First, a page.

The scenario is that this is a SQL Server behind a corporate firewall with your standard setup to allow only minimal outbound traffic and zero inbound. However, port 80/443 are open, per the usual allowance.

Has anyone tried, or is it possible to

  1. Connect to a remote machine port 80, say using Telnet.
  2. On the local machine, note the bound address and port [1], e.g. netstat
  3. Disconnect from telnet. Start port forwarder and listen on [1], mapped to SQL Server TCP/IP listener
  4. On remote machine, connect to SQL Server on [1]

What do you think? I just need to get some testing done and I don't want to move my huge database outside for this one-off. I am familiar with and have used UDP hole punching for NAT traversal, mainly for push to mobile phones, but am interested to know if this works with TCP as well.


I am open to other suggestions.

Network topology

  • 1
    Would this question be a better fit for Server Fault? (Just asking -- seems like more of a networking question than a SQL Server question.) – Jon Seigel Oct 26 '12 at 2:23
  • It could be, but maybe there are other options used by SQL Server dbas/programmers, so I'm testing the waters here first. – 孔夫子 Oct 26 '12 at 2:27
  • 1
    You need to use VPN or DirectAccess. There is more that just the IP issue, there is also security at play. do the right thing. – Remus Rusanu Feb 23 '13 at 8:05

I doubt that it's easy to do hole punching with TCP or switch the process connected to a port.

Try this for a reverse proxy through the firewall: http://www.dest-unreach.org/socat/doc/socat-gender.txt

This solutions relies on socat, a swiss-army-knife like network tool which can connect almost any two endpoints and is bidirectional, unlike netcat or the |-pipes in command processors. It should be available for Windows, too.

You can either use socat easily to forward a TCP connection, or in this case: Reverse the "gender" of it: You'll have two socats running, one on each side of the firewall. One continuously connects to the outside. On the outside, socat will wait for a connection from someone else. Only if he connects, the outside socat will accept a connection from the inside socat. Once the inside socat connects to the outside socat, it will connect to the SQL-server. Voila, you can connect from outside to the SQL-server inside, and from the point of the firewall and from the point of TCP the connection looked like it was actually from inside to outside.

To copy from the link:

1) Start the double client on the inside server // every 10 seconds, it tries to establish a connection to the outside host. // whenever it succeeds, it forks a sub process that connect to the internal // service and starts to transfer data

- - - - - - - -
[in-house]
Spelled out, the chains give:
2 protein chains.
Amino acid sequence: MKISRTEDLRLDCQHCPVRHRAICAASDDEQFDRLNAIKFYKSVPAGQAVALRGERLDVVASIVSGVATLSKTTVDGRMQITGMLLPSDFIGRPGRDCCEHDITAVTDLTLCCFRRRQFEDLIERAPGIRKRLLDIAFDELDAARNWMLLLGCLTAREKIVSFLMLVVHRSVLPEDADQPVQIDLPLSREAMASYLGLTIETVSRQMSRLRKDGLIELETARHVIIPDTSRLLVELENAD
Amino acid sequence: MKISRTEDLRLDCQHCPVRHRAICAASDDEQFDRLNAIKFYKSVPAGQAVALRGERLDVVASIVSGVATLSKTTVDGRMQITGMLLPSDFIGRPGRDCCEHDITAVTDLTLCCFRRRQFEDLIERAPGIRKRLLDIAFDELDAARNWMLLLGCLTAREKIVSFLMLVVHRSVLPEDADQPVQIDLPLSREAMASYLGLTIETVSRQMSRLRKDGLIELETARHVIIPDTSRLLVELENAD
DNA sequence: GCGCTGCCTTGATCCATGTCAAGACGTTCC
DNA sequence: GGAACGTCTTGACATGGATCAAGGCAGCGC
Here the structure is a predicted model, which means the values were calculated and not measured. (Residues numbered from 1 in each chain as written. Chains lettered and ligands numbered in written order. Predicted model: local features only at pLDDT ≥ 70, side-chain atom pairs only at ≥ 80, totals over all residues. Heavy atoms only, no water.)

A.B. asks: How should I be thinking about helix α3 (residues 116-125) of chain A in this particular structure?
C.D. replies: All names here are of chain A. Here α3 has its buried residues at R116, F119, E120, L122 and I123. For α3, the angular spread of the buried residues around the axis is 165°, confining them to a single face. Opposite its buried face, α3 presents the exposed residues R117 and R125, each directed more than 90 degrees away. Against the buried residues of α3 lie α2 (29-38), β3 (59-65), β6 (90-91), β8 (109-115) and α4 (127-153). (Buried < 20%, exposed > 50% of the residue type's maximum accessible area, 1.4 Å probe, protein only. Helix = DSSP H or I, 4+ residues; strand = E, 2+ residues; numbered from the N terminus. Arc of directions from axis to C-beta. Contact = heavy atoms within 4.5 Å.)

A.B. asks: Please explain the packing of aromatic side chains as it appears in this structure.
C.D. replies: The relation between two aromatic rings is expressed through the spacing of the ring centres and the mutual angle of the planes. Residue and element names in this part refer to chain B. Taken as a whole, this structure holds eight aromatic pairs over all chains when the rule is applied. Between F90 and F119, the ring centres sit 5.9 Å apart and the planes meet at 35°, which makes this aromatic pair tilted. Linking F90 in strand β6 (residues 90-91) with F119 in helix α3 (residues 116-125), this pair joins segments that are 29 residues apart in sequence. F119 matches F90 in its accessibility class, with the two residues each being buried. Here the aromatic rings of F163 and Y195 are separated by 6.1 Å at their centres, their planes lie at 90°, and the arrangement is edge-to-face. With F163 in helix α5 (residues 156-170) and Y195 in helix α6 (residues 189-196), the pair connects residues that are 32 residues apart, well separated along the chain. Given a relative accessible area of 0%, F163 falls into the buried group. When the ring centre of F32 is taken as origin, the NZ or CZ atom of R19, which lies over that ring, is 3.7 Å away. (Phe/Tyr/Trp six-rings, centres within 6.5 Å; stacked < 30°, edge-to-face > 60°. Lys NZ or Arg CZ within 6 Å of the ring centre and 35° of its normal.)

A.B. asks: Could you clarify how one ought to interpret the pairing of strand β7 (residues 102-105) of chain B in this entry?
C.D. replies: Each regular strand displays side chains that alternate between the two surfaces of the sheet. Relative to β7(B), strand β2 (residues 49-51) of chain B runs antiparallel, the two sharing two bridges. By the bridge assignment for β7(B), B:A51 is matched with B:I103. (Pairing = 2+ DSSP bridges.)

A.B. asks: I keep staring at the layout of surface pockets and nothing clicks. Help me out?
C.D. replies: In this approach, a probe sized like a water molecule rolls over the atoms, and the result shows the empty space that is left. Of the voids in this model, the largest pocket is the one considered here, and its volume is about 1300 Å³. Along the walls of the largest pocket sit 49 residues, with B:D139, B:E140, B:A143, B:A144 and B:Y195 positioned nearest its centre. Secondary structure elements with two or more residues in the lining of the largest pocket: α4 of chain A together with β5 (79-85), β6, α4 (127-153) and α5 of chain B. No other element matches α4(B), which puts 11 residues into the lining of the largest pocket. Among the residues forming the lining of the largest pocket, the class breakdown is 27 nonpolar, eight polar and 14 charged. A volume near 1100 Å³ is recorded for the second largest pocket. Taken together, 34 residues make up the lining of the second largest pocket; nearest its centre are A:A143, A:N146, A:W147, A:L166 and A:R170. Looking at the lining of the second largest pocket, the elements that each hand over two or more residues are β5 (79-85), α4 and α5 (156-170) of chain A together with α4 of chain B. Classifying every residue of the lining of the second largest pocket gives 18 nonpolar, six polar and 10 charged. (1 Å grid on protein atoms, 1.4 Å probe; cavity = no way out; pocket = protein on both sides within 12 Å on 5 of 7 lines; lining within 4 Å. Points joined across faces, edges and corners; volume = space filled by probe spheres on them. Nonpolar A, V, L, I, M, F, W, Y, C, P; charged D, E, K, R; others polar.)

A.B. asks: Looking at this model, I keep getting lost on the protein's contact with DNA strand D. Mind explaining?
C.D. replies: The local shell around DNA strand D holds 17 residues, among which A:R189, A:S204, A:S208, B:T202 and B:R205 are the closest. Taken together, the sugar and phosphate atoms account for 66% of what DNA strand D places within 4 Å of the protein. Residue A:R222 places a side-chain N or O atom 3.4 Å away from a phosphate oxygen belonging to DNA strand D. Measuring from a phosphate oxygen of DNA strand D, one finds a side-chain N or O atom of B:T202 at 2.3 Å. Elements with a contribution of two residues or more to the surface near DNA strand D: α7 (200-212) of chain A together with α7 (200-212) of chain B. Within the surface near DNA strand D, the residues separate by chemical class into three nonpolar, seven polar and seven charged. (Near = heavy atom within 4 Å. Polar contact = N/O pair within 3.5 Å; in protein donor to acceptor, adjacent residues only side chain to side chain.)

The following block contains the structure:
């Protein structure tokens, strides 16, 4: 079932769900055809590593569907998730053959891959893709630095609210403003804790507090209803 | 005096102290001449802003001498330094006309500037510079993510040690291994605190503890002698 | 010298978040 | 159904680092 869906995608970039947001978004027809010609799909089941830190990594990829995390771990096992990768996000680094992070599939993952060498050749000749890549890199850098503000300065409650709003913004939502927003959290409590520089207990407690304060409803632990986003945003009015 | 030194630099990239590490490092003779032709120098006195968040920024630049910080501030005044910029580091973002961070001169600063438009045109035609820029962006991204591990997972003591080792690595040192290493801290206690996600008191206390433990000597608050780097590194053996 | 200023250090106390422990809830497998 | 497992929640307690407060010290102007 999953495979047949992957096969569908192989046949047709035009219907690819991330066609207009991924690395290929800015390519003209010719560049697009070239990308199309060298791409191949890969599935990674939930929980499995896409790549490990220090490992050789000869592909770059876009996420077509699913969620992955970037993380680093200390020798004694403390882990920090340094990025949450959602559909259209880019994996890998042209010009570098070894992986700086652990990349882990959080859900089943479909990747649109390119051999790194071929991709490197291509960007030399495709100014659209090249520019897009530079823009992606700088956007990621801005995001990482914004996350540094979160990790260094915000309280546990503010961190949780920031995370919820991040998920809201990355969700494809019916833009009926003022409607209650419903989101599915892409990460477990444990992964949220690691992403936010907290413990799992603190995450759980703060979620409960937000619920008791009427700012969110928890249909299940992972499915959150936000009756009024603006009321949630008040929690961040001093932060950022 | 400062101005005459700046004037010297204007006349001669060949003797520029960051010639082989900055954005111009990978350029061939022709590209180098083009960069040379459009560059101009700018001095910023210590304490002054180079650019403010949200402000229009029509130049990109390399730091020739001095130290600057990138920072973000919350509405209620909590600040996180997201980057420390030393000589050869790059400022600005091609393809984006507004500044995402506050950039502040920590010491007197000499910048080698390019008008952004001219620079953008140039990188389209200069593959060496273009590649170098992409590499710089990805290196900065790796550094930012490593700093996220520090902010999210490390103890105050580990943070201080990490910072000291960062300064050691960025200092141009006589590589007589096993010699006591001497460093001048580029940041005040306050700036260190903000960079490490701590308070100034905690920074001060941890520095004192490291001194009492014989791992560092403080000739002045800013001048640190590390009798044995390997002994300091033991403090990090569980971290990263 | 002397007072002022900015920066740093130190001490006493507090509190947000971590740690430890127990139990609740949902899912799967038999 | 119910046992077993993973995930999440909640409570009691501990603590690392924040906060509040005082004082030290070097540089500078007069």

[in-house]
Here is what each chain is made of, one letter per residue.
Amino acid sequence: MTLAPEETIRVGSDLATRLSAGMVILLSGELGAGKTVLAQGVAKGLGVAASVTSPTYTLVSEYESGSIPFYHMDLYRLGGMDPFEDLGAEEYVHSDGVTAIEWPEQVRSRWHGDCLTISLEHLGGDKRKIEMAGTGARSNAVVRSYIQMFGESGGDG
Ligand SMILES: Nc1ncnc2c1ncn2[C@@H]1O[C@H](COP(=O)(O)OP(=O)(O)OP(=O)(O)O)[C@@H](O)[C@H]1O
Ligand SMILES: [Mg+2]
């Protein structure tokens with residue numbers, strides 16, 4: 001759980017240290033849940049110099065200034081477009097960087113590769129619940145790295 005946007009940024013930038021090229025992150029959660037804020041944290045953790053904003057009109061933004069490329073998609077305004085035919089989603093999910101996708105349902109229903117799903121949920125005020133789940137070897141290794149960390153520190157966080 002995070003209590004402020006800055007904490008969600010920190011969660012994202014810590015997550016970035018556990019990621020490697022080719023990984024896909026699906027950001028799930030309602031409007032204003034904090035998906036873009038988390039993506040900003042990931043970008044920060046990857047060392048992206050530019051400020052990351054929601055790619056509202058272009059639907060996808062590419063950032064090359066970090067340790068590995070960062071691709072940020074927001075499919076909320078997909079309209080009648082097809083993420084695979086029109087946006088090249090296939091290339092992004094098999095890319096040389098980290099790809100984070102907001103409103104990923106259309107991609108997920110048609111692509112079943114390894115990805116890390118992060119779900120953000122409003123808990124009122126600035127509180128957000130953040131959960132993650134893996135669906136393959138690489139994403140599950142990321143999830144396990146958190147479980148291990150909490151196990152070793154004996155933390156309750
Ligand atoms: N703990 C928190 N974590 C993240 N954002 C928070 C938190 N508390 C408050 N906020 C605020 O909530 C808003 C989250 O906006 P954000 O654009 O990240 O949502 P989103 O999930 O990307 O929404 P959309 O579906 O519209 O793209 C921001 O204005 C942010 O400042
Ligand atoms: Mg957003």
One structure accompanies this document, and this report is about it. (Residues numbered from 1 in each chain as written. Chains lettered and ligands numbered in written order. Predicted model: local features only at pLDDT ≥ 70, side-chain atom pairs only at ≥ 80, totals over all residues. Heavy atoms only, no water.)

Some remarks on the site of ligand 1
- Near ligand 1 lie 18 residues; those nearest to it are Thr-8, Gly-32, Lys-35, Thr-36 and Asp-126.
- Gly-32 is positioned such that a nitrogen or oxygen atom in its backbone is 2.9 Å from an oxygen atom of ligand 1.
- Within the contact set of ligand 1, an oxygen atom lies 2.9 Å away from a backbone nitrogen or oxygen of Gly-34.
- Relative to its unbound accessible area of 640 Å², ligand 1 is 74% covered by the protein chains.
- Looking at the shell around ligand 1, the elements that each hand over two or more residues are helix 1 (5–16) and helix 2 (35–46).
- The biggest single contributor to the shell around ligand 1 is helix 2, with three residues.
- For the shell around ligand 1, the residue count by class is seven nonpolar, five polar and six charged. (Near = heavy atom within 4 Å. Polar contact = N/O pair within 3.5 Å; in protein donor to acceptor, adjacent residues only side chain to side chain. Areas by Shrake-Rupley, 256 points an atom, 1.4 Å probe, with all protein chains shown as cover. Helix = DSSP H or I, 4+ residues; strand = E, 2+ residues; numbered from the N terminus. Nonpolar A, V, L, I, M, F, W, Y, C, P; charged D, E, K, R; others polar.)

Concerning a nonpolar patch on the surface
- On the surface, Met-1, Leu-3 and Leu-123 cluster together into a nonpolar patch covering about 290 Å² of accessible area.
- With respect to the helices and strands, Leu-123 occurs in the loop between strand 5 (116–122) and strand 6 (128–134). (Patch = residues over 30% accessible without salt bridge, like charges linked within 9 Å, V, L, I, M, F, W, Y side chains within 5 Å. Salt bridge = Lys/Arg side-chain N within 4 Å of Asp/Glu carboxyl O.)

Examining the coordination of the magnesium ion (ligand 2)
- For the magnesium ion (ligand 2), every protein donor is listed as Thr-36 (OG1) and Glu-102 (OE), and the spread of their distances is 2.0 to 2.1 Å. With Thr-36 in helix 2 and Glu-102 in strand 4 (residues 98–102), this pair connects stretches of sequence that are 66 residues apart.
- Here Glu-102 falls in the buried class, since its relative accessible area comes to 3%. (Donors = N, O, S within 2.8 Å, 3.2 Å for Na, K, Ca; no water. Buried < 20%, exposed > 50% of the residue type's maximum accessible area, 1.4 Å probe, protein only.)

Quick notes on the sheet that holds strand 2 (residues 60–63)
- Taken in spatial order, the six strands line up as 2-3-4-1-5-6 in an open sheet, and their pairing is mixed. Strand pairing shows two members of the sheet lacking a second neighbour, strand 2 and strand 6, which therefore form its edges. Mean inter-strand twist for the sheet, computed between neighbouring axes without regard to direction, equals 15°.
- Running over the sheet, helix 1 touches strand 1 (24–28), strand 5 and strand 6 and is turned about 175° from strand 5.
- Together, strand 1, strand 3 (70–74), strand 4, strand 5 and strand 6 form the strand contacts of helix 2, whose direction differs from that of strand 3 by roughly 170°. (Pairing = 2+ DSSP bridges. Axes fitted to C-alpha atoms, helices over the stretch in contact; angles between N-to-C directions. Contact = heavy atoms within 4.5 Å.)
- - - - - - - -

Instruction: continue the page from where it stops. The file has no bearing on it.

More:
$ socat -d -d -d -t5 tcp:outside-host:80,forever,intervall=10,fork tcp:localhost:80

2) Start double server on the outside client // wait for a connection from a local client. whenever it accepted it, forks // a subprocess that tries to bind to the socket where the inside double // client tries to connect (might need to wait for a previous process to // release the port)

$ socat -d -d -d tcp-l:80,reuseaddr,bind=,fork tcp-l:80,bind=outside-host,reuseaddr,retry=10

This basically sounds like a reverse proxy. I was in a situation where I almost had to implement this in order to move SQL Server to a different data center in a 24/7 environment, but we used another method. Between discussions with the networking and ops teams, it should be possible but I didn't get to explicitly test it out myself to tell you my results.

SQL Server needs to get the requests on the port # assigned to it as far as SQLOL is concerned so I don't see why not, and there's an article written about doing this with a focus on the benefits of avoiding SQL injection at TechRepublic found here.

Basically it goes through the frequency/severity of SQL Server injection attacks and how a reverse proxy would first forward the requests from the web client to that device, then that device would send the request back after sanitizing it. In their topology diagram they had the reverse proxy box hitting the web server again then having it go to SQL Server, in this case we would have it directly connect to the sql server most likely.

Unless I completely misunderstood your question, that should solve it. You connect to a reverse proxy on port 80, the agent then forwards your request to SQL Server on your specified port (default port 1433).

  • Can you elaborate on that? Consider me as a normal corporate citizen with no access to the firewall. I can't install a reverse proxy on port 80 within the firewall (SQL Server side). I need to get from remote into SQL Server behind a NAT. – 孔夫子 Oct 26 '12 at 2:17

Can you not just RDP in on port 80 and do what you need to do as per: http://www.iteezy.com/change-rdp-3389-port-on-windows-2008-server/qc/10098


You can try using SQL authentication between servers. It works for me.

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